People v. Wright

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367 Mich. 611 (1962)

116 N.W.2d 786


Docket No. 56, Calendar No. 49,603.

Supreme Court of Michigan.

Decided September 10, 1962.

Frank J. Kelley, Attorney General, Eugene Krasicky, Solicitor General, James C. Fleming, Prosecuting Attorney, William C. Ghesquiere, Assistant Prosecuting Attorney, for the people.

Owen Dudley, for defendant.

*612 SOURIS, J.

The question presented in this case is whether a search warrant properly may be issued based only upon facts disclosed by affidavit as they existed 6 days earlier.

Defendant was charged with maintaining and operating a gaming room and a place where liquor was served without a license. The police seized liquor and gambling paraphernalia in a search of the premises authorized by warrant. Defendant moved to quash the informations based in part upon the claim that the affidavit upon which the search warrant was issued referred to facts too remote in time from the date the warrant was issued. Judge Simpson, of the Jackson circuit, granted defendant's motion and the people, on leave granted, now appeal.

Walter Powell made an affidavit that on February 18, 1961, he entered defendant's premises, known as the "Big Four Club" or the "Child's Welfare Building," and purchased alcoholic liquor and observed others doing the same and gambling on the premises. The affidavit was submitted to a justice of the peace, in support of a request for a search warrant, on February 24th. With that affidavit there was submitted another by a police officer in which it was stated that the police officer had investigated Powell's complaint and had conducted a surveillance of the premises, but that affidavit does not contain any factual statement of the results of such investigation or surveillance. In short, the justice of the peace and nothing before him upon which he could conclude that the situation disclosed by Powell's affidavit to have existed on February 18th continued to exist during the intervening period to the date request was made for issuance of the search warrant.

Judge Simpson was correct in quashing the information. In People v. Chippewa Circuit Judge, 226 Mich 326, 328, this Court said:

*613 "The right to issue a search warrant rests upon facts existing at the time the showing is made for the warrant. This is made clearly by the Constitution and every statutory provision with reference to search warrants. If Mr. Burdeno, in his dwelling, sold Mr. Forsyth a pint of whisky on April 15, 1923, he may be prosecuted for doing so, but such sale alone afforded no ground for a finding of reasonable cause to believe that on June 21, 1923, whisky `is being kept, possessed and stored (in such dwelling) for the purpose of being sold, furnished or given away as a beverage.' Cause 66 days old, without any intervening facts disclosing continuing cause, will not justify a search warrant. A search warrant must issue, if at all, upon an existing cause. A search warrant is no general arm for ferreting out crime, but a special proceeding, based on present cause, hedged by strict constitutional provisions, must be speedily executed and cannot be issued on a showing of facts existing over 60 days before and not in any way brought down to the date the warrant is issued."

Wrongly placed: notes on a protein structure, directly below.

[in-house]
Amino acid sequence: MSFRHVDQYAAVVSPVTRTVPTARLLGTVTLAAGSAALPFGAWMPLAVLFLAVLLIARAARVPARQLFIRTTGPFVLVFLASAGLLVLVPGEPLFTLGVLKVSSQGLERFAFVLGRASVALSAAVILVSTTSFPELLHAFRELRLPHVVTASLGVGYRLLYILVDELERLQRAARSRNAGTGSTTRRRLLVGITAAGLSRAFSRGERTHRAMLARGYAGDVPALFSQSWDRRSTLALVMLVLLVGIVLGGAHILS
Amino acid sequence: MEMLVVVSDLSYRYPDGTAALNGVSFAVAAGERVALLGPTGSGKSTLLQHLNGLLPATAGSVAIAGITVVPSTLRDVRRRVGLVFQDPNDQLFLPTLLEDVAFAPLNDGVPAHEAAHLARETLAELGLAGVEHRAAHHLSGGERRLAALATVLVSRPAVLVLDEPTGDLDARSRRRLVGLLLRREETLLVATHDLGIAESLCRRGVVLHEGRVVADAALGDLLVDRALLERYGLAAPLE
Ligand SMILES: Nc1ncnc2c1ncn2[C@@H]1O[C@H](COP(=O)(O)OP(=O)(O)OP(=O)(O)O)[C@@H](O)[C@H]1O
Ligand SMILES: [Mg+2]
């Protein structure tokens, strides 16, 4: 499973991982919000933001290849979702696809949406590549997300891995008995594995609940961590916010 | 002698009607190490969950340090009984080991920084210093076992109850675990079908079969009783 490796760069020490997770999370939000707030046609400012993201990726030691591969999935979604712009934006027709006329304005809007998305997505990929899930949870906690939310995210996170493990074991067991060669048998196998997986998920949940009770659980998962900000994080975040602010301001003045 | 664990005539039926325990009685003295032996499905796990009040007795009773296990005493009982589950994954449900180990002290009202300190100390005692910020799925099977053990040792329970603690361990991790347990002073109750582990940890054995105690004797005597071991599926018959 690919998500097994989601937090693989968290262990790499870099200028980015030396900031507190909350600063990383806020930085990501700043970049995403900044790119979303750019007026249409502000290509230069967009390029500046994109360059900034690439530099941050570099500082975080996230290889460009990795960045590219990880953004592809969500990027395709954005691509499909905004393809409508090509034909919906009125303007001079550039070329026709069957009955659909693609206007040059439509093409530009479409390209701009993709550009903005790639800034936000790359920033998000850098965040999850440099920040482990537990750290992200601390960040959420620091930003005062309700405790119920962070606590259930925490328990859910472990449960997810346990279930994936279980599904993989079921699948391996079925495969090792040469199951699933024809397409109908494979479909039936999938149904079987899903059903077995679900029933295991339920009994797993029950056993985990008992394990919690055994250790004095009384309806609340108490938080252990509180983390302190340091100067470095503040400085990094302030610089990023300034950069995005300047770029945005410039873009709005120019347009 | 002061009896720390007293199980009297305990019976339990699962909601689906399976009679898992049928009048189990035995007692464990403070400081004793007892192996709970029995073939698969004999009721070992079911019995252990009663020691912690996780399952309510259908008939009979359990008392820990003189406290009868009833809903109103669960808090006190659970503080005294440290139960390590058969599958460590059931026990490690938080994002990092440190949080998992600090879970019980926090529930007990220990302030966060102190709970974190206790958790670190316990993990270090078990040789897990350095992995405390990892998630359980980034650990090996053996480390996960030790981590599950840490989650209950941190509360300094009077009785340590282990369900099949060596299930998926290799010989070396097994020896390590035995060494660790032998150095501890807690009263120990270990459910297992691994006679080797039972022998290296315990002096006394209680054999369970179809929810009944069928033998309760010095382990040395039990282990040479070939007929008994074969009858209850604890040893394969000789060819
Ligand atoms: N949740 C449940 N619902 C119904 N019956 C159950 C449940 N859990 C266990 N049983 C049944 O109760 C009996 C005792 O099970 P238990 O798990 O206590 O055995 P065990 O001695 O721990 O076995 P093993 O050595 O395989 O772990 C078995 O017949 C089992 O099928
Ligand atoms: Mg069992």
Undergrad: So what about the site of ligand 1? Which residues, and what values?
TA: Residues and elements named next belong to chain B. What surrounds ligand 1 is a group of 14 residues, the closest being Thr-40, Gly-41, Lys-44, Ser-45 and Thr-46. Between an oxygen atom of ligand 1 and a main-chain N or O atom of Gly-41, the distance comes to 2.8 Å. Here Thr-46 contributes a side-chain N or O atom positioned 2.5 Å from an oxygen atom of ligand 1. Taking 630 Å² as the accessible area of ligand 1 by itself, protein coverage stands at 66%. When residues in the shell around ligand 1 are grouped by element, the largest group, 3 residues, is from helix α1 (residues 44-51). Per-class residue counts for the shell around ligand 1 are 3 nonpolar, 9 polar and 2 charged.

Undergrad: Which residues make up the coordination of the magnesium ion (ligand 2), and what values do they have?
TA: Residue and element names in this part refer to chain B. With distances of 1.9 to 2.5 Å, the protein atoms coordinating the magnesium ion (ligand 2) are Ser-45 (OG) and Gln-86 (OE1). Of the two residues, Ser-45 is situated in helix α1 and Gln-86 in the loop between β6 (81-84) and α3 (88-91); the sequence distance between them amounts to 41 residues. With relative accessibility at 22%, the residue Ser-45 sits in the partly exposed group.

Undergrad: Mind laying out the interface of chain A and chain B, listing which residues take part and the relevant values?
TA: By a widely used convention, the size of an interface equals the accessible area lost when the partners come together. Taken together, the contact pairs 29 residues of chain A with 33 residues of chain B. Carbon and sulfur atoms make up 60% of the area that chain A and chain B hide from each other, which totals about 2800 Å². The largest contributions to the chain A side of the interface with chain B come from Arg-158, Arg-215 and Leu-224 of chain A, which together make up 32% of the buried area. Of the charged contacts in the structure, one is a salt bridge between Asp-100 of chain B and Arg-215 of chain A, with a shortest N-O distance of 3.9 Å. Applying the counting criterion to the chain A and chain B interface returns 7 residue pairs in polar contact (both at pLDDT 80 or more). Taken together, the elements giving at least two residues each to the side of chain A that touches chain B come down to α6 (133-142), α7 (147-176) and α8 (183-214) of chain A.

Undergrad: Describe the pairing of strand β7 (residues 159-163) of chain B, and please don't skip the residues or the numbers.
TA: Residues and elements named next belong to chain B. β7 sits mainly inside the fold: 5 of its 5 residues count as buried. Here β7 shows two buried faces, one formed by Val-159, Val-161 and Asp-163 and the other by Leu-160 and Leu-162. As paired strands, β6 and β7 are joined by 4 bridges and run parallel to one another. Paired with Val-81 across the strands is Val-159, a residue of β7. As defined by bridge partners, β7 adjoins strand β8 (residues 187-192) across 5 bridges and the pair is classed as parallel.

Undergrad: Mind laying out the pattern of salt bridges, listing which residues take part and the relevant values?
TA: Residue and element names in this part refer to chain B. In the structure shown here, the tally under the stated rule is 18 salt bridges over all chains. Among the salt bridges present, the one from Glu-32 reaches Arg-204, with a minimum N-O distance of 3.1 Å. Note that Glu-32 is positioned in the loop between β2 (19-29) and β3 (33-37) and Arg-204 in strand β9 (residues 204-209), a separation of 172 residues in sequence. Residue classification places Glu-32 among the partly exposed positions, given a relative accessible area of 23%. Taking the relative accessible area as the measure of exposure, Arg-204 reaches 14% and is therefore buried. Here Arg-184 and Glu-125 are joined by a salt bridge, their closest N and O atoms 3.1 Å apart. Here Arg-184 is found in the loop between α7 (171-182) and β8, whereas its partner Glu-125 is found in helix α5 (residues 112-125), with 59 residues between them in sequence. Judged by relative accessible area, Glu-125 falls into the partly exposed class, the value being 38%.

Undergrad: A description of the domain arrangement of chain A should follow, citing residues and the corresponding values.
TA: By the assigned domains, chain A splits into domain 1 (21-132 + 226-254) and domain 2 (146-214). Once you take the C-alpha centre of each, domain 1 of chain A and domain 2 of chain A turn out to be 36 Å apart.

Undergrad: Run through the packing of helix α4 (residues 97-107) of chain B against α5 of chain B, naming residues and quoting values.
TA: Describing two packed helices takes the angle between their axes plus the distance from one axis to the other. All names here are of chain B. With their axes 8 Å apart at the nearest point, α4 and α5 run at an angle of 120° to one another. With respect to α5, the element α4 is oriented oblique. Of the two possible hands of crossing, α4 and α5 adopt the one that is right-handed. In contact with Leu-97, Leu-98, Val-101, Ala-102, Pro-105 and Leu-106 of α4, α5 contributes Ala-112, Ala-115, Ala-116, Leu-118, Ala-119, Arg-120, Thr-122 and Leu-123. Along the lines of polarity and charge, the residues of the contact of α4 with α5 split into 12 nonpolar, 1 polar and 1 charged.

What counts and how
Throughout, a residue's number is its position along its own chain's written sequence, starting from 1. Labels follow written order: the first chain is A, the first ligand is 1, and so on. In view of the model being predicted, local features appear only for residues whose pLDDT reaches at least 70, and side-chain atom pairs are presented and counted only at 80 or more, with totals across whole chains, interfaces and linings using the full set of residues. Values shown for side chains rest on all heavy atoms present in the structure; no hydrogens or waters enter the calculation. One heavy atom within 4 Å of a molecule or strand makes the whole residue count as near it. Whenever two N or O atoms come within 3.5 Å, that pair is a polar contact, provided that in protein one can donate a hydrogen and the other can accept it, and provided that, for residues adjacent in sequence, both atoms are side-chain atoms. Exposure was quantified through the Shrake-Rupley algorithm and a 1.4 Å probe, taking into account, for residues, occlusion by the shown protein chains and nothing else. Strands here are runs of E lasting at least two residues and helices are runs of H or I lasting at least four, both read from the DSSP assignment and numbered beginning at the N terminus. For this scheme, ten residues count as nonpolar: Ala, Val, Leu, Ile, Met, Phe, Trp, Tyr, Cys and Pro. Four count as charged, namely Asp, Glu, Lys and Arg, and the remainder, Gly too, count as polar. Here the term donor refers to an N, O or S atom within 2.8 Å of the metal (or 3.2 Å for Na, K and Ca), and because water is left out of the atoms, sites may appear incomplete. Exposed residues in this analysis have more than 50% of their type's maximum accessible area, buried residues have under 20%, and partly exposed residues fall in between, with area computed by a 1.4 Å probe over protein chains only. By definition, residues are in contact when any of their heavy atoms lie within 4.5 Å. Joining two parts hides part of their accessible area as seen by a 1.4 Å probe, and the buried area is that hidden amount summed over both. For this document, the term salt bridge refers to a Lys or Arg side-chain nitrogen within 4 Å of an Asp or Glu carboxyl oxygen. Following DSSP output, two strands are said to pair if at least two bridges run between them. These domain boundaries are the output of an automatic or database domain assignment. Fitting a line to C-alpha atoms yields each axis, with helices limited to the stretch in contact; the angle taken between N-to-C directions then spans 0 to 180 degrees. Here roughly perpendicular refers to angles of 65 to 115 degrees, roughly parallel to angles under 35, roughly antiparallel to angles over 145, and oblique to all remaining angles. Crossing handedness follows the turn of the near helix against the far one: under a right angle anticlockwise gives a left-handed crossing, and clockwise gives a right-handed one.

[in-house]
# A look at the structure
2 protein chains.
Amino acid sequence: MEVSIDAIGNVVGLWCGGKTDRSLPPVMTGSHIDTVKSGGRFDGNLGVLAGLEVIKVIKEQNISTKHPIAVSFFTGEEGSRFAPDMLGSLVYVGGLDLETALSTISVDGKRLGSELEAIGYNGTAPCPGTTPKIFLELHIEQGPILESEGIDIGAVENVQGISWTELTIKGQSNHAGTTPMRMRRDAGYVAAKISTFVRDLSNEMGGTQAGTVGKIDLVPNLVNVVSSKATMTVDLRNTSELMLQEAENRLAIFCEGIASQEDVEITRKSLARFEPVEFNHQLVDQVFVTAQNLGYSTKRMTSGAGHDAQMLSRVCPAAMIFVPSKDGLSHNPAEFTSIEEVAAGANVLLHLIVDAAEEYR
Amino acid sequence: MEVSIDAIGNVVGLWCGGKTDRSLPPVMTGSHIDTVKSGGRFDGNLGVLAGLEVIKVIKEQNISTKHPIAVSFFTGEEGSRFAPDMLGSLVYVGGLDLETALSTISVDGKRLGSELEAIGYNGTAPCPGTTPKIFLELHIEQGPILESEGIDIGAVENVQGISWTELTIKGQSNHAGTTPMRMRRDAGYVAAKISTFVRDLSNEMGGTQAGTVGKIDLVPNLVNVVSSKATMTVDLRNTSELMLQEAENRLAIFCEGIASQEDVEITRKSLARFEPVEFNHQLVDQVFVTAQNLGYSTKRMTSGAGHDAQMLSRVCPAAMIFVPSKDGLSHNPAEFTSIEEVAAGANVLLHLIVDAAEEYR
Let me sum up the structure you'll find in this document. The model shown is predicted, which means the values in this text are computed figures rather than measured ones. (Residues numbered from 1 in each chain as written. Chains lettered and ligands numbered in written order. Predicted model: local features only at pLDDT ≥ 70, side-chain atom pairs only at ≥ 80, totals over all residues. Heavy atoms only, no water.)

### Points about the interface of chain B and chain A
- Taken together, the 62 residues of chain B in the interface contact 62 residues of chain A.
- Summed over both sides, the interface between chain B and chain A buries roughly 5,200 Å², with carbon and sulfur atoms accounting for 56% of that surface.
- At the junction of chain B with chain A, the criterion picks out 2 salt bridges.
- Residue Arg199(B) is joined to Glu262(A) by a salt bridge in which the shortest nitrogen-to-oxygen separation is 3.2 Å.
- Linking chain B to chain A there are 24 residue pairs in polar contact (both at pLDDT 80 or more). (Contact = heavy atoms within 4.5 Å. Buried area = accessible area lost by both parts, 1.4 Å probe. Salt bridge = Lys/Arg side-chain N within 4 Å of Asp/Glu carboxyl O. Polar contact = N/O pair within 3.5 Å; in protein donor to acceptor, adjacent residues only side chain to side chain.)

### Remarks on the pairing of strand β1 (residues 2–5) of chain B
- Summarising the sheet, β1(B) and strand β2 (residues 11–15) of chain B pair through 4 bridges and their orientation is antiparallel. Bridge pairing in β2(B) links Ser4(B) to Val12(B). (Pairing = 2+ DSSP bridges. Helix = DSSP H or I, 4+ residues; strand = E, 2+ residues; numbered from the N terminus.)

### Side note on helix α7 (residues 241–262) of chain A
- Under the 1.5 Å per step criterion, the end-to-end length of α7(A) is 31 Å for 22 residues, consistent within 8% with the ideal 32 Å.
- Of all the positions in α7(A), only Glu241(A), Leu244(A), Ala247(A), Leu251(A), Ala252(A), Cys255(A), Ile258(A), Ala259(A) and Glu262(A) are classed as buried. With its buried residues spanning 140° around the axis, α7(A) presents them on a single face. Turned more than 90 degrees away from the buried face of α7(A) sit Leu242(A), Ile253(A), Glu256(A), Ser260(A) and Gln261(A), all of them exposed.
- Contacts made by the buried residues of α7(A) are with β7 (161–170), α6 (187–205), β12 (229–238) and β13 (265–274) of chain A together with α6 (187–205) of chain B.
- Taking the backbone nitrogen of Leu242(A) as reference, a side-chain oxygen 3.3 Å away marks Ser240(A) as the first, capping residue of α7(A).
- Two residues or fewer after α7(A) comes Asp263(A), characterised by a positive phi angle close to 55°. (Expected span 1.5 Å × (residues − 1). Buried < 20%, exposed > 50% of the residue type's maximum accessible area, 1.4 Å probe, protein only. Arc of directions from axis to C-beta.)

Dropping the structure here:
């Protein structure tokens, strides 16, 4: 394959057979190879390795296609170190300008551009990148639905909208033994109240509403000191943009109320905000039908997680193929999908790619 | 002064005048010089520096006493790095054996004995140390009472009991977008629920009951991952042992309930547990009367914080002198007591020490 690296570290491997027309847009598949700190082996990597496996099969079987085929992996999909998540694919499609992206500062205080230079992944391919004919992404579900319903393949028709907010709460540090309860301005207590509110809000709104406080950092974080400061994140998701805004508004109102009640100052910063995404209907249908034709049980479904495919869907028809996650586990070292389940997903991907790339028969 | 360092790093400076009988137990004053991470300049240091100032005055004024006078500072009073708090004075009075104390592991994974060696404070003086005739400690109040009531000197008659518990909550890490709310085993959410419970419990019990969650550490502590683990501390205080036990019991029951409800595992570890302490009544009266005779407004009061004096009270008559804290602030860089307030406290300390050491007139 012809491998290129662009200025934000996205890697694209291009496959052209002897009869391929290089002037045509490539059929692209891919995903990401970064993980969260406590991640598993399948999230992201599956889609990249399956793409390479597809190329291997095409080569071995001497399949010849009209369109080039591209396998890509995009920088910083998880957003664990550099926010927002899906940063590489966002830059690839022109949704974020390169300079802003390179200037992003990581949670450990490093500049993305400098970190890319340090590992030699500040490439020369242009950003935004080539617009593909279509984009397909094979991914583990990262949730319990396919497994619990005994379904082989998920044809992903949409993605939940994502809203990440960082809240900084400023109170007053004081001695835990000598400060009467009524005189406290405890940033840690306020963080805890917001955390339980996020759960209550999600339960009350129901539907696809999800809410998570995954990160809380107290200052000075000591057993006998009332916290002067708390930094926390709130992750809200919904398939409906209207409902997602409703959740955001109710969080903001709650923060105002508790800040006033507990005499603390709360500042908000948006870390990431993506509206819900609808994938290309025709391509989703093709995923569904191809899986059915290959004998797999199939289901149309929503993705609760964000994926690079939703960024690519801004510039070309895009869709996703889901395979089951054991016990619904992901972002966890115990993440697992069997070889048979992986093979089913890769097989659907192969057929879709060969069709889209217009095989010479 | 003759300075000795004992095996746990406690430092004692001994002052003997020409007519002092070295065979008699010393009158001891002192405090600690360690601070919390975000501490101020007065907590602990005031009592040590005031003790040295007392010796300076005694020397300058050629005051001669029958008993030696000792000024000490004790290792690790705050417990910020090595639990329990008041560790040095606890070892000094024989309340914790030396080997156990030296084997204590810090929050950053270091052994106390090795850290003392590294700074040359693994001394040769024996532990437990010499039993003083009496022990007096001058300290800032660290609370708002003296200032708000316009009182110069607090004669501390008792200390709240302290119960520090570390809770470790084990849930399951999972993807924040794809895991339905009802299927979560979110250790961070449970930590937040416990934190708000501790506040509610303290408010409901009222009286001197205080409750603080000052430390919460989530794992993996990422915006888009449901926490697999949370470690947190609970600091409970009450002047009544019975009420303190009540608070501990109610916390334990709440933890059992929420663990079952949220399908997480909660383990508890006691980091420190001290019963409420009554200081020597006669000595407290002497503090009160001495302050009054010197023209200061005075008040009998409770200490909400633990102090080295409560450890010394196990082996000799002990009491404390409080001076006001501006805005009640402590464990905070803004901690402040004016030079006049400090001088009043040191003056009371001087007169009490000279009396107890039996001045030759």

People v. Chippewa Circuit Judge involved a case in which the search warrant issued was based on facts 66 days old. In People v. Mushlock, 226 Mich 600, we said, at p 602:

"There is no hard and fast rule as to how much time may intervene between the obtaining of the facts and the making of the affidavit upon which the search warrant is based, but it may be stated that the time should not be remote. This question was considered in the opinion filed March 5, 1924, in the case of People v. Chippewa Circuit Judge, ante, 326. We think that case is controlling of the instant case, and that the search warrant was improvidently issued."

In the case at bar, the people erroneously rely upon the case of People v. Willis, 243 Mich 164. In that case the affidavit involved alleged that it was *614 based upon observations made by the affiant within 4 days next preceding the date of the affidavit. People v. Brown, 240 Mich 59, is also cited by the people in this case in support of their contention. In that case we did say that a lapse of 4 days was not too remote. The opinion does not indicate whether or not there were other facts presented to establish the continuing nature of the acts referred to in the affidavit. In any event, the proper rule is stated in People v. Chippewa Circuit Judge, supra, that no warrant may issue except upon a showing that facts exist at the time of issuance to justify such a "special proceeding * * * hedged by strict constitutional provisions."

Powell's affidavit related facts 6 days stale. The factual situation presented by that affidavit, without more, was too remote to justify the issuance of a search warrant. We are left to surmise what information, if any, the police obtained from their intervening investigation and surveillance of defendant's premises. Failure to state what was observed during the investigation and surveillance described in the police officer's affidavit, permits an inference that nothing was observed to indicate that the offenses allegedly committed on February 18th continued to be committed at the time request was made on February 24th for the search warrant.

No other questions sought to be raised in this appeal, and which were considered by the trial judge, need be decided in the light of the foregoing.



ADAMS, J., did not sit.

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